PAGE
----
Today is February 27, 2019, which is pink shirt day. If you have children I am sure you are aware of pink shirt day. It is a day we all wear pink to stand up against bullying. What a great cause! However, on this day there is one form of bullying that is often overlooked: Mom Shaming.
Being a mom is quite possibly one of the hardest and most thankless jobs out there. If you worked for a boss that often screamed in your face and kicked you during a diaper change I am sure you would quit. Obviously, there are a lot of great moments: snuggles after a long day, hugs and many kisses. I think we can agree that we are all doing the best we can with the tools we have been given. Can we please start treating each other as such?
Have you ever been nervous about posting a picture or feeling like you needed to add a disclaimer so people realize you aren’t a bad mom? I remember looking at a friend’s recent picture of her little guy. He had learned to hold his bottle (one of the greatest accomplishments for mom’s sanity! Yay freedom). I remember thinking, “Wow I wish Hailey could hold her bottle!” as I went to the comment section to write just that I noticed someone else’s comment. “You know he really shouldn’t be laying down to drink. It is so dangerous!” A bit of debate ensued. Why would this person take a loving photo taken by a mother and make it into anything but that? You have little to no idea what happened before, during or after that photo was taken and if you are that concerned with the child’s safety you should speak to the parent privately. If you call someone out publically you are a bully and you are mommy shaming.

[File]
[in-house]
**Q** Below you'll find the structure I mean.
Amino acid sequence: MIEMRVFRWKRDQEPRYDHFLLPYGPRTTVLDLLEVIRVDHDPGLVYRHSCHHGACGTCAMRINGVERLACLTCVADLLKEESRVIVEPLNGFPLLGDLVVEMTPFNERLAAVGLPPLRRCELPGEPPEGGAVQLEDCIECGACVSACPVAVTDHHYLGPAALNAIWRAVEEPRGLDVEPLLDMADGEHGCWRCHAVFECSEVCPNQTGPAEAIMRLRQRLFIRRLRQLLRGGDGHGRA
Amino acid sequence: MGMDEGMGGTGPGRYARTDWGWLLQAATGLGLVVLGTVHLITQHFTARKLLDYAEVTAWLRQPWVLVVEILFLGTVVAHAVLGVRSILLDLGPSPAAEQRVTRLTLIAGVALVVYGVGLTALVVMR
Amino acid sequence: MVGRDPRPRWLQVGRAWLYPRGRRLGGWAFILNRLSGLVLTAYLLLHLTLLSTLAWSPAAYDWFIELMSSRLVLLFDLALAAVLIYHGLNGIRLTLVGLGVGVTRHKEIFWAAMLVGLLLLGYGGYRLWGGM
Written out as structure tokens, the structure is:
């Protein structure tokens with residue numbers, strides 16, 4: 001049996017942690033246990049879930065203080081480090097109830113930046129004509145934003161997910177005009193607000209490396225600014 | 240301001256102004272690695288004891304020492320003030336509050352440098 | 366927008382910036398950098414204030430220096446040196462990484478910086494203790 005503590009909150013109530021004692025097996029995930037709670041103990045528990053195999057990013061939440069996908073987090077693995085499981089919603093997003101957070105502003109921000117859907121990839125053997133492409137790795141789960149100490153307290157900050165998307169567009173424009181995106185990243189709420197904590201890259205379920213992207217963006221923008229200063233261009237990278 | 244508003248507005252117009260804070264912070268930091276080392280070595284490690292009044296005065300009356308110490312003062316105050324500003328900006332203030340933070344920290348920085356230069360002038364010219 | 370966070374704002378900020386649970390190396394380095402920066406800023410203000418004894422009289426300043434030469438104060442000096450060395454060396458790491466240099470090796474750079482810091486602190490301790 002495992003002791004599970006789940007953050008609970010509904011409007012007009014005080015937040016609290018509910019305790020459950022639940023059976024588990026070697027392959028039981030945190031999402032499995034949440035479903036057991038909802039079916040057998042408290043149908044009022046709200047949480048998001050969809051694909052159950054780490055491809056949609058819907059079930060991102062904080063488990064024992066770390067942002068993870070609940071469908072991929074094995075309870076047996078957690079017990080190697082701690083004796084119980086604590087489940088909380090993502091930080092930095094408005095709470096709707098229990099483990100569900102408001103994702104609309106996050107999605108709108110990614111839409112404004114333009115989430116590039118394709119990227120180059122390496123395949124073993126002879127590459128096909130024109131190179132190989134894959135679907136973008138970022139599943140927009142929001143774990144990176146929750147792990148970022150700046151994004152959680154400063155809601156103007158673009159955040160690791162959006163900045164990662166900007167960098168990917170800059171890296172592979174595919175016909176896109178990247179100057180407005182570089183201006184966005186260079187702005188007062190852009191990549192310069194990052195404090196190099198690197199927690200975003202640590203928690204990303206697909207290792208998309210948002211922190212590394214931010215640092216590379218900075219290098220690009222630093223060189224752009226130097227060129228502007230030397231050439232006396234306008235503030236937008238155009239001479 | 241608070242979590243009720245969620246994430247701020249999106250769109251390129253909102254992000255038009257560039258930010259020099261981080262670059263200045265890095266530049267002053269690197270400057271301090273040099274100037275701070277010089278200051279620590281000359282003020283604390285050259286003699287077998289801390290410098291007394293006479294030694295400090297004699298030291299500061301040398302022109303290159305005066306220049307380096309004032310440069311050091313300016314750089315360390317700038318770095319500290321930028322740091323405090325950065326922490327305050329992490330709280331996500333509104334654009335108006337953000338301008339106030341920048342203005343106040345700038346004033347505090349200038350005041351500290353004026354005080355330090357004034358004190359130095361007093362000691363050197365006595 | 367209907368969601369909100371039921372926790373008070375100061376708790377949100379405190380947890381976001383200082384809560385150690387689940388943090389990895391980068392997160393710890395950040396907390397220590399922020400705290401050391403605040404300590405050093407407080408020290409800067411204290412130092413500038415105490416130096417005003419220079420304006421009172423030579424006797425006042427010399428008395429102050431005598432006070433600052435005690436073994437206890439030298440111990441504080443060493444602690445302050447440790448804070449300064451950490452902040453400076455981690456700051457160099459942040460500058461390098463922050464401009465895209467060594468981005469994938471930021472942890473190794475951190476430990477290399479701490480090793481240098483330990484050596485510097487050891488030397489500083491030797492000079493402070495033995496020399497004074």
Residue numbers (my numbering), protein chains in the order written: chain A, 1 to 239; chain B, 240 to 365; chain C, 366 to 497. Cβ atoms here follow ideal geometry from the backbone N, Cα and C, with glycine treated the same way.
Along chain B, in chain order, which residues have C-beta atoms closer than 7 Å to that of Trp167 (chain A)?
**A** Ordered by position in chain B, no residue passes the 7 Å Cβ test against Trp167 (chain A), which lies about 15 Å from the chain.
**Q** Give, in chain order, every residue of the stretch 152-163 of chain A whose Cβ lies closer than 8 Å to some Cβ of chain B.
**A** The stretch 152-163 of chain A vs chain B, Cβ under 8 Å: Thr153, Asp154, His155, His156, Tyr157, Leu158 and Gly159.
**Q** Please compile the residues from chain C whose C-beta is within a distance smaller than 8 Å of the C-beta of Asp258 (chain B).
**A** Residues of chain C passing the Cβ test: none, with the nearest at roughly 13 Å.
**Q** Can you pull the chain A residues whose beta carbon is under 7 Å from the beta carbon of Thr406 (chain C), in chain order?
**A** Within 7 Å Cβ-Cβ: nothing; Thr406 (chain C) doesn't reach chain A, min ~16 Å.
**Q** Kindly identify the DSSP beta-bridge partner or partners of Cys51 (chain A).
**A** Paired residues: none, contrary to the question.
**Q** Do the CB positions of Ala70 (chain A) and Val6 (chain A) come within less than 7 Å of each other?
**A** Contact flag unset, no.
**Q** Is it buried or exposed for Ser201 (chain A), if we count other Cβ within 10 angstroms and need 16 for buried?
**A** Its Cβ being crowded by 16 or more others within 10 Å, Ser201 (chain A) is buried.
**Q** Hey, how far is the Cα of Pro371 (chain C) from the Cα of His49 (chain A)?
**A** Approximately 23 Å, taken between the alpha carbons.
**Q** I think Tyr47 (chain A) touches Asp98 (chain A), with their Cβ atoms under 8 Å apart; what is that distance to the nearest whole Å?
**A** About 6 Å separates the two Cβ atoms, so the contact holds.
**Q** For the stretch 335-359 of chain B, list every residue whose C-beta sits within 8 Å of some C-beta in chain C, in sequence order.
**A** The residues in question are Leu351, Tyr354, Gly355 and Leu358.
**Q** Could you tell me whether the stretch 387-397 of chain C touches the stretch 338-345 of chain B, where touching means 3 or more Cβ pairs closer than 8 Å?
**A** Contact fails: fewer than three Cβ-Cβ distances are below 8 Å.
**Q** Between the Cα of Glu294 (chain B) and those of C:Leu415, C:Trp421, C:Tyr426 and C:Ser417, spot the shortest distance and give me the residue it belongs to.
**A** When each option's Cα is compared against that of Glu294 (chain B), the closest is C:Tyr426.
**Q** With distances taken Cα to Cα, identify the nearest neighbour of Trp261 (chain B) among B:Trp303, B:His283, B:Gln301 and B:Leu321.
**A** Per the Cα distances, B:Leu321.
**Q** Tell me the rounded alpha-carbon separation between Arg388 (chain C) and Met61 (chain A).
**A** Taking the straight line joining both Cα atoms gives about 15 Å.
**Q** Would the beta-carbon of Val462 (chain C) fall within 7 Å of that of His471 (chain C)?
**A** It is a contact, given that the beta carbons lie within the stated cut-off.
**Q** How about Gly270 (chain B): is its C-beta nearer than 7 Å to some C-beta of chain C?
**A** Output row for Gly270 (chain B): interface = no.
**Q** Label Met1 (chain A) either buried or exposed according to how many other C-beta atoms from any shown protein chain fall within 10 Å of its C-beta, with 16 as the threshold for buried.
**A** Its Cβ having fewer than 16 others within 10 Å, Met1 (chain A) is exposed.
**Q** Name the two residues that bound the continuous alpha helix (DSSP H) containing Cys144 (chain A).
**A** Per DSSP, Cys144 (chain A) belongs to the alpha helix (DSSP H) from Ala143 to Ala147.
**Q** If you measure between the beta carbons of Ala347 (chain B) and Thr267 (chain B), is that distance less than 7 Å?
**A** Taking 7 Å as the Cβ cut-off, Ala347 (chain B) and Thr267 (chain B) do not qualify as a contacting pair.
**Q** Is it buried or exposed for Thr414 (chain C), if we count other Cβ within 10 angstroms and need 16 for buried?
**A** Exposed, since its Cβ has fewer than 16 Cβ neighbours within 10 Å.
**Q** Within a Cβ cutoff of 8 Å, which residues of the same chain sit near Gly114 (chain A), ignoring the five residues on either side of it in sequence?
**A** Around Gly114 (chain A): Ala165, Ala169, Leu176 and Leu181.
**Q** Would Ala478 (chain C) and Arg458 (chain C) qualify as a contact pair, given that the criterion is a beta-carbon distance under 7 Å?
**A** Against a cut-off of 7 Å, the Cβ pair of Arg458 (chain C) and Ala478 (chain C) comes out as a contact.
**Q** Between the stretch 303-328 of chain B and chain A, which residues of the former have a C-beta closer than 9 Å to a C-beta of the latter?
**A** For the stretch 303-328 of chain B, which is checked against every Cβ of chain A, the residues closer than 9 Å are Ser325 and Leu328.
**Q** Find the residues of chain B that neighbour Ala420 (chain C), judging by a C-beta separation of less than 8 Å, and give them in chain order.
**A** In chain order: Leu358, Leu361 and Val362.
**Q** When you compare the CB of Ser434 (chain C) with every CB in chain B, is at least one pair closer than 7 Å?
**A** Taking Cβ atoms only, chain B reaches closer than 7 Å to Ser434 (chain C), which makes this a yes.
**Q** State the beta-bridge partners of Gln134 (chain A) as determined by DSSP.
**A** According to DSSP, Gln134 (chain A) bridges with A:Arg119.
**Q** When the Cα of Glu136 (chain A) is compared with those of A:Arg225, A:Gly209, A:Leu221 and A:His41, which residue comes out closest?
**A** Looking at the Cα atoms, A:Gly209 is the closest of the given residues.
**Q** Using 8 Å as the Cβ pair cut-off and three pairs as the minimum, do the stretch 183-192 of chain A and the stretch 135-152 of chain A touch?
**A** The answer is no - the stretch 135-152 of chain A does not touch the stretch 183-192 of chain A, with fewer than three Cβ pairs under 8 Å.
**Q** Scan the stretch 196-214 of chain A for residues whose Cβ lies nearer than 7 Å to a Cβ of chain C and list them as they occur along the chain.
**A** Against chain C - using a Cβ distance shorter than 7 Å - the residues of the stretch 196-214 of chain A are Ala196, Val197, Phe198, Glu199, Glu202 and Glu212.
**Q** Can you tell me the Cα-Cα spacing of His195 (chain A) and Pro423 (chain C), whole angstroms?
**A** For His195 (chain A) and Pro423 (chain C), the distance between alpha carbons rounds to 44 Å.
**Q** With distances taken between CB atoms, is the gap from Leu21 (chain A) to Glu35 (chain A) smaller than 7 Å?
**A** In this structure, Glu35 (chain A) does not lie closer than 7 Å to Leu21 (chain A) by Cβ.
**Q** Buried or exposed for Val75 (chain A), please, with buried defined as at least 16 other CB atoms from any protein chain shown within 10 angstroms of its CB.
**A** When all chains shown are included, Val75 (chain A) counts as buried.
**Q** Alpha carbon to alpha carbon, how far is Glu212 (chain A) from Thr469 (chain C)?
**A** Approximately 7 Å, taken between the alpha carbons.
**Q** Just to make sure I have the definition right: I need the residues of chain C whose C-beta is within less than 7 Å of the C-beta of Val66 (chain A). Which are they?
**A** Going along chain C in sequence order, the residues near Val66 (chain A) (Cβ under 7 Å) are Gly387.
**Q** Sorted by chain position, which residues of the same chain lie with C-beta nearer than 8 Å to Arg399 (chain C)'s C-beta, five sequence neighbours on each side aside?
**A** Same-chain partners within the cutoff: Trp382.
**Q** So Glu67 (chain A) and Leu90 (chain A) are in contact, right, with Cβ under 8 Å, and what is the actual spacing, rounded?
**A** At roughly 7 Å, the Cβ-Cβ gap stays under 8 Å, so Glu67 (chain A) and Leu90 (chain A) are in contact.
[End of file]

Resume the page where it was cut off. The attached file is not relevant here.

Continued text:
The other day I was so proud of Hailey. We went to a birthday party at a kid’s gym. She was showing such bravery and determination. I had taken a video of her climbing up a slide but before I posted it I had a thought, “would someone say something about me allowing her to climb the slide at 14 months old? Is that too young?” The slide did have a coating that made it tacky so I knew she wasn’t going to slip and I was right there. I decided to add a disclaimer.
Every child needs to be parented differently. My choices for my child are just that: “My CHOICES”. If you are not the father or the mother of a child you do not get an opinion. I have chosen to limit the amount of sugar Hailey gets. I have an insane sweet tooth and it has been a real struggle for me. Sugar is fun but doesn’t have much in the way of nutritional value. I have been told I am nuts, crazy, stupid, and not fun. I don’t really care what you think. This is a decision my husband and I (let’s be honest mostly me lol) have made. It doesn’t make me a better parent than you and it certainly doesn’t make me a bad parent.
Whether you work 70 hours a week or stay at home – You are a great mom. Whether you bottle feed or breastfeed – You are a great mom! Whether you feed your kids organic kale smoothies or ice cream – You are a great mom! Someone else’s great mom-ness does not invalidate your great mom-ness.
Let people make the decisions they feel are best for their children. If you have a genuine concern for a child’s safety (Yours or theirs) speak to the parent privately and leave the shame at the door. I guarantee if you speak to this person about the research you have found, or what your doctor has mentioned in a factual non-shaming conversation they are a lot more likely to listen. If your concern is really for the child isn’t that what you want?
So again, for the people in the back, “NO MORE MOM SHAMING”. Let’s stand together to raise the best kids we can! The best way to teach your kids to be kind is to lead by example.